• 30 guys showed up for the ARROW meeting last night. Not bad for a meeting in the middle of August.
  • Club activity continues to pick up. I’m actually getting people to volunteer to give presentations at meetings, and members other than board members are actually initiating club events. For example, Steve, WB8WSF, organized a club station for the ARRL UHF Contest last weekend and is planning to do the same for the VHF Contest next month.
  • One thing I’d like to see our club do is get more involved with kids and middle schools and high schools. On the ARRL Club Presidents mailing list, one guy mentioned that his club mentors a student group in a robotics competition. I’m going to have to see if we can’t do something like that, too. Another idea would be to get involved with the Detroit Science Fair.
  • At the meeting last night, a guy mentioned to me that he reads my blog every day. Whoa! That means I not only should I post here more often, but that I have to post something interesting as well. (Well, OK, I’ll shoot for semi-interesting. :)
  • The presentation was on Logbook of the World, a repository of log records submitted by users from around the world. The idea is for operators to submit their electronic logs and let LOTW electronically generate QSLs. You don’t actually get the card, but then again, you don’t have to wait years for a card to arrive, either. I think LOTW is great if all you’re after is a high DXCC listing, but I wouldn’t want to see it completely replace the QSL card.
  • I just received another QSL for my collection of cards from stations whose calls spell words. Thanks, Al, KA3FAD!

North American CW QSO Party

I worked a little of the North American CW QSO Party last night, making 50 contacts in an hour and 40 minutes. Not great, but not bad. I scored 32 multipliers, including 3 Canadian provinces and Mexico.

I mostly hunted and pounced, but tried calling CQ for a little while with not much success. I guess I didn’t have a big enough signal last night.

I wonder if hunting and pouncing wasn’t the best strategy, anyway. I heard a lot of stations just calling CQ over and over, and not making many contacts. Some of them didn’t even seem to be listening for calls. They’d pause for just a second–barely enough time to hear a station calling–before calling CQ again.

As usual, there were stations who had strong signals here, but who just didn’t seem to hear me. I’m not sure what the deal is with that. I worked many stations who were rather weak here. I don’t know if the stronger stations were just ignoring me or if they were just deaf or what.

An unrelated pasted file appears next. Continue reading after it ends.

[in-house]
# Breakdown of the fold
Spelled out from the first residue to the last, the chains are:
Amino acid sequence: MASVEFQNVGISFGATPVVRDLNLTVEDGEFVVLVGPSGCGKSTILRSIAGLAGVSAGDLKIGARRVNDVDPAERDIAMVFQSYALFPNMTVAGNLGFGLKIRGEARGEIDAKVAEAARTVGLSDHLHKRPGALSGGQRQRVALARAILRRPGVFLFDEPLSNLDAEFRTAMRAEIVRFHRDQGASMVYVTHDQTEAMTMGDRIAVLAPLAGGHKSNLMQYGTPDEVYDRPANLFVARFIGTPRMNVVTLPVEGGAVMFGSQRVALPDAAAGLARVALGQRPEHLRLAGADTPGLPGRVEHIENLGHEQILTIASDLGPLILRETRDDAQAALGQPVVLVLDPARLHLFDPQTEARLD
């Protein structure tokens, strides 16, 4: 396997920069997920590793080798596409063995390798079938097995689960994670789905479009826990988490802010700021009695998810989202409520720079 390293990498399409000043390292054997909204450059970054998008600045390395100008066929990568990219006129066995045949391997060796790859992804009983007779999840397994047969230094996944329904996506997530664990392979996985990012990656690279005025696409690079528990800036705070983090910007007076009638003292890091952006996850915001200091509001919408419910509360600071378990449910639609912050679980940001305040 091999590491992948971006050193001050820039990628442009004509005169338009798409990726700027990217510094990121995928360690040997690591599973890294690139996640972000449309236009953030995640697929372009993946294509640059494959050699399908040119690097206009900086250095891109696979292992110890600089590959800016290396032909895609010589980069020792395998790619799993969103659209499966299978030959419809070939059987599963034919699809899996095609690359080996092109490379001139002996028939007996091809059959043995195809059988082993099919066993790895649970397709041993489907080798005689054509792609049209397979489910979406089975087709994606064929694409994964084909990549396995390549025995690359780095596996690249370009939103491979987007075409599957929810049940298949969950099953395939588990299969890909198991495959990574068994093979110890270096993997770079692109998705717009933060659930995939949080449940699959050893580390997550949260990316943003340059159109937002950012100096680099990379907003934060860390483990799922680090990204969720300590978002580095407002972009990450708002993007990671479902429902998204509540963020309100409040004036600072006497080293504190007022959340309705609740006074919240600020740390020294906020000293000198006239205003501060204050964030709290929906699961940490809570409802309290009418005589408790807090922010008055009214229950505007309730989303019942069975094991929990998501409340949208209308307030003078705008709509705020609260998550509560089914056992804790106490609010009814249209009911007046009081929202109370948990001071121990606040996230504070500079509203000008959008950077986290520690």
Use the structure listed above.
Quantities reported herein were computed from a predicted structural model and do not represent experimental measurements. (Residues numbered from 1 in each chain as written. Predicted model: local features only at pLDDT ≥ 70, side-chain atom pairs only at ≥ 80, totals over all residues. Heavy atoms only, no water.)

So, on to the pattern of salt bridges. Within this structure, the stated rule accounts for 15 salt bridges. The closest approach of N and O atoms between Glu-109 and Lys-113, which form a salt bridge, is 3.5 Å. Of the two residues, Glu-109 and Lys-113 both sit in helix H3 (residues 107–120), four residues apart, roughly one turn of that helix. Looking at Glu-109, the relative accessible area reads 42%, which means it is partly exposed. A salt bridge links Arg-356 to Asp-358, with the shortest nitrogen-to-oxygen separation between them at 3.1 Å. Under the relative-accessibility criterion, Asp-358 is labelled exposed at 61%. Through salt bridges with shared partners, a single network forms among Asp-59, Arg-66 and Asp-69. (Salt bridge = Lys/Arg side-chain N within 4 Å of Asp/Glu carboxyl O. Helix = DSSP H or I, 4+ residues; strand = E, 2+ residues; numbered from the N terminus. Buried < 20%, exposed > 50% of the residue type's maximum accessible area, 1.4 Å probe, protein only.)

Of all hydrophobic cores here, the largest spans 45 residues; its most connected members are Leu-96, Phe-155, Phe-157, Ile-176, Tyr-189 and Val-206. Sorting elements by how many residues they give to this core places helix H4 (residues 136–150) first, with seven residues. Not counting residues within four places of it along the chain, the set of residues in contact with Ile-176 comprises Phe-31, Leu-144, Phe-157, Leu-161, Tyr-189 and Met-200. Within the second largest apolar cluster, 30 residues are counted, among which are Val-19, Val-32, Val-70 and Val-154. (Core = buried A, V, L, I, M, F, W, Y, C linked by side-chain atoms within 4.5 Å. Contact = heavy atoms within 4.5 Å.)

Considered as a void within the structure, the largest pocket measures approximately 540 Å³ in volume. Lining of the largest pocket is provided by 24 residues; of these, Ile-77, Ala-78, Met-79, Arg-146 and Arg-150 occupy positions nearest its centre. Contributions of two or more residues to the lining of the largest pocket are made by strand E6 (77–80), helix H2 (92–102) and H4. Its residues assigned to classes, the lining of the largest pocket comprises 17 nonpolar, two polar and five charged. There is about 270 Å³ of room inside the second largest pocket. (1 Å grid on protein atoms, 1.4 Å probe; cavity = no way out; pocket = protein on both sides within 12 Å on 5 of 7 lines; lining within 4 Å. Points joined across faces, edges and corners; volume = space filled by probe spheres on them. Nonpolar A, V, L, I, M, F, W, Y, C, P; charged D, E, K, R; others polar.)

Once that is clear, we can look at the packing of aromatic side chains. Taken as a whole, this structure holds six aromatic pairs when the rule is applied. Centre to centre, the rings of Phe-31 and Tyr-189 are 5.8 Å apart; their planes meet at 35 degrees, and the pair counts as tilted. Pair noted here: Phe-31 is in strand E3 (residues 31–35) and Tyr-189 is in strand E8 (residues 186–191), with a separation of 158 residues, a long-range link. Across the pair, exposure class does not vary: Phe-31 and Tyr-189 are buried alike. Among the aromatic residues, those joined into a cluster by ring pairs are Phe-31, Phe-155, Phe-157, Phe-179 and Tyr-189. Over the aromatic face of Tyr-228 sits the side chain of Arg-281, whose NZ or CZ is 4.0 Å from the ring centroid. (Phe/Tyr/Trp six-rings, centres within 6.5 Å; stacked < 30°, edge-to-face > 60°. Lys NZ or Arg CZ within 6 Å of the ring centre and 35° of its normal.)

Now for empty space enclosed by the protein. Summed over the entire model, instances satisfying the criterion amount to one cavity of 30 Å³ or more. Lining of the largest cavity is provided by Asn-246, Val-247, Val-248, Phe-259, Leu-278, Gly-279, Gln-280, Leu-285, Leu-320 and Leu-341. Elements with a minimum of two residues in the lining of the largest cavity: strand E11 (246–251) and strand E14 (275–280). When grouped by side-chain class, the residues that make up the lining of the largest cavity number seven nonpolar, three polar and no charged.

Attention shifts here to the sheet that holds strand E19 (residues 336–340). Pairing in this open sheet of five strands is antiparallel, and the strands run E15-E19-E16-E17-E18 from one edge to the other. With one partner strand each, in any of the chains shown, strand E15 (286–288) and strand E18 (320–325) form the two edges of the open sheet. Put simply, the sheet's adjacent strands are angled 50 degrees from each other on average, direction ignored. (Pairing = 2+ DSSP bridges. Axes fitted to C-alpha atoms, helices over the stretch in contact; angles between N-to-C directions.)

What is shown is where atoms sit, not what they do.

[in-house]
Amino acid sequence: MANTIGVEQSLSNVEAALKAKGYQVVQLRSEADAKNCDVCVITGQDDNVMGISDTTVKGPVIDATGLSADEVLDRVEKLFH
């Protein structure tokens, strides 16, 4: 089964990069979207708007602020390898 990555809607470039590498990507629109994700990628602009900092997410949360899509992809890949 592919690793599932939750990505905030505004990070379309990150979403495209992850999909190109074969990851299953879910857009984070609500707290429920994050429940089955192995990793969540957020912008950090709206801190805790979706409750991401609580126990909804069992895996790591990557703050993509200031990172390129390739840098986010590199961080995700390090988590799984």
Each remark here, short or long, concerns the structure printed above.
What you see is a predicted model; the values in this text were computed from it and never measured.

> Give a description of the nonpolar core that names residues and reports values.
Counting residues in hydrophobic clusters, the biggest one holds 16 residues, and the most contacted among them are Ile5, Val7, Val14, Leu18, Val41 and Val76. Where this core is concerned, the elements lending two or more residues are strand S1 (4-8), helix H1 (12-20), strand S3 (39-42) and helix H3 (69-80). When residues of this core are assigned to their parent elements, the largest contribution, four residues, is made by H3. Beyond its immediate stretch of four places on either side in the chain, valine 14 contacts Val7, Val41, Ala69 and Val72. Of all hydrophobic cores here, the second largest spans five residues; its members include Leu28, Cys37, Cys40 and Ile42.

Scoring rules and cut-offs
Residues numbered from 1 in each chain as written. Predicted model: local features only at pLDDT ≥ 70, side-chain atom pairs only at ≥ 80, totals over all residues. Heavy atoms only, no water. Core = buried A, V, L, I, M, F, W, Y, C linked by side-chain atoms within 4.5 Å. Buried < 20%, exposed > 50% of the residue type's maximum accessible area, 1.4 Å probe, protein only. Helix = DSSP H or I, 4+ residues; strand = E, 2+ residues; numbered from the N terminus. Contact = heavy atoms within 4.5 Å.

Another thing I was confused about is the timing of the event. The rules say that the contest was to last from 1800Z August 7 to 0600Z August 8, 2004, or 2 pm EDT Saturday to 2 am EDT Sunday. When I tried to find some activity on 40m on Saturday afternoon, though, I didn’t hear a single station working the contest. There was plenty of activity when I got home from the movies later in the evening, though.

Overall, though, it was fun. And to top it all off, I did work a station whose call spells a word: W4ARM in Miami.

A Small Step for CW

About a week ago, my Elmer-ee, Zoltan, KD8ABX, e-mailed me and asked if he could come over some evening and watch me operate HF. He came over Monday evening. After participating in the ARROW Monday Night, I fired up the IC-735 and tuned around on 40m.

One of the things he was curious about was why someone would choose a particular band or a particular mode over another. The answer to that, of course, is not an easy one. A variety of factors come into play: the time of day, band conditions in general, and personal preference.

I explained to Zoltan that one reason for choosing 40m that evening was that 40m is kind of the “all purpose” band. It’s almost always open to somewhere, and at that time of night I knew I could find someone to have a QSO with to demonstrate how it’s done.

After finishing that contact, I suggested that we tune up to 30m, and see what was happening. I explained that 30m was kind of a cross between 40m and 20m. That is, it was often open for DX like 20m, but, like 40m, it was often open later at night than 20m.

The ham radio gods were smililng on me Monday. Not only was 30m open, but there was a huge pileup trying to contact the YV0D DXpedition. That gave me a chance to explain DXpeditions and pileups to Zoltan. YV0D was operating on 10.104 and the pileup extended up past 10.110. That also gave me a chance to explain split-frequency operation.

I tired of listening to the pileup, I tuned up the band a ways, where I heard ER1DA calling CQ. A quick call netted my first DX QSO of the night. Tuning up a little higher, I worked YZ80AA, a special event station celebrating 80 years of amateur radio in Serbia and Montenegro. (The first ham station there was YU1AFS, a club station, that went on the air in 1924).

Finally, I heard Tony OE5GYL calling CQ. I’ve worked OE5GYL several times, the first two being while he was on vacation at a “naturist” beach near Sarajevo. He came back to my first call, and we had a nice, though short contact. I told Tony that I was giving a CW demo to a friend and he passed on his regards to Zoltan.

Overall, I think it was quite a successful demo, and one small step for CW. About a week or so earlier, Zoltan asked what might be a good microphone to purchase for use with the IC-735 he bought at Dayton (at my suggestion). I mentioned that I’d be happy to lend him the hand microphone that came with my rig. I have never used it, as I bought the desk mike, and I hardly ever operate SSB anyway.

Well, after watching me operate CW for a bit, he said something to the effect, “I can see where somebody might not need a microphone at all.” Bingo! I think I might have another potential CW operator on the hook, and I plan on reeling him in.

All of us CW ops should do this at least once or twice a year. If anyone at all shows any interest in CW offer to have them come to your house and watch you do what you do. It really is a special experience, isn’t it? If you can convey that magic to them then just maybe we’ve made another small step for CW.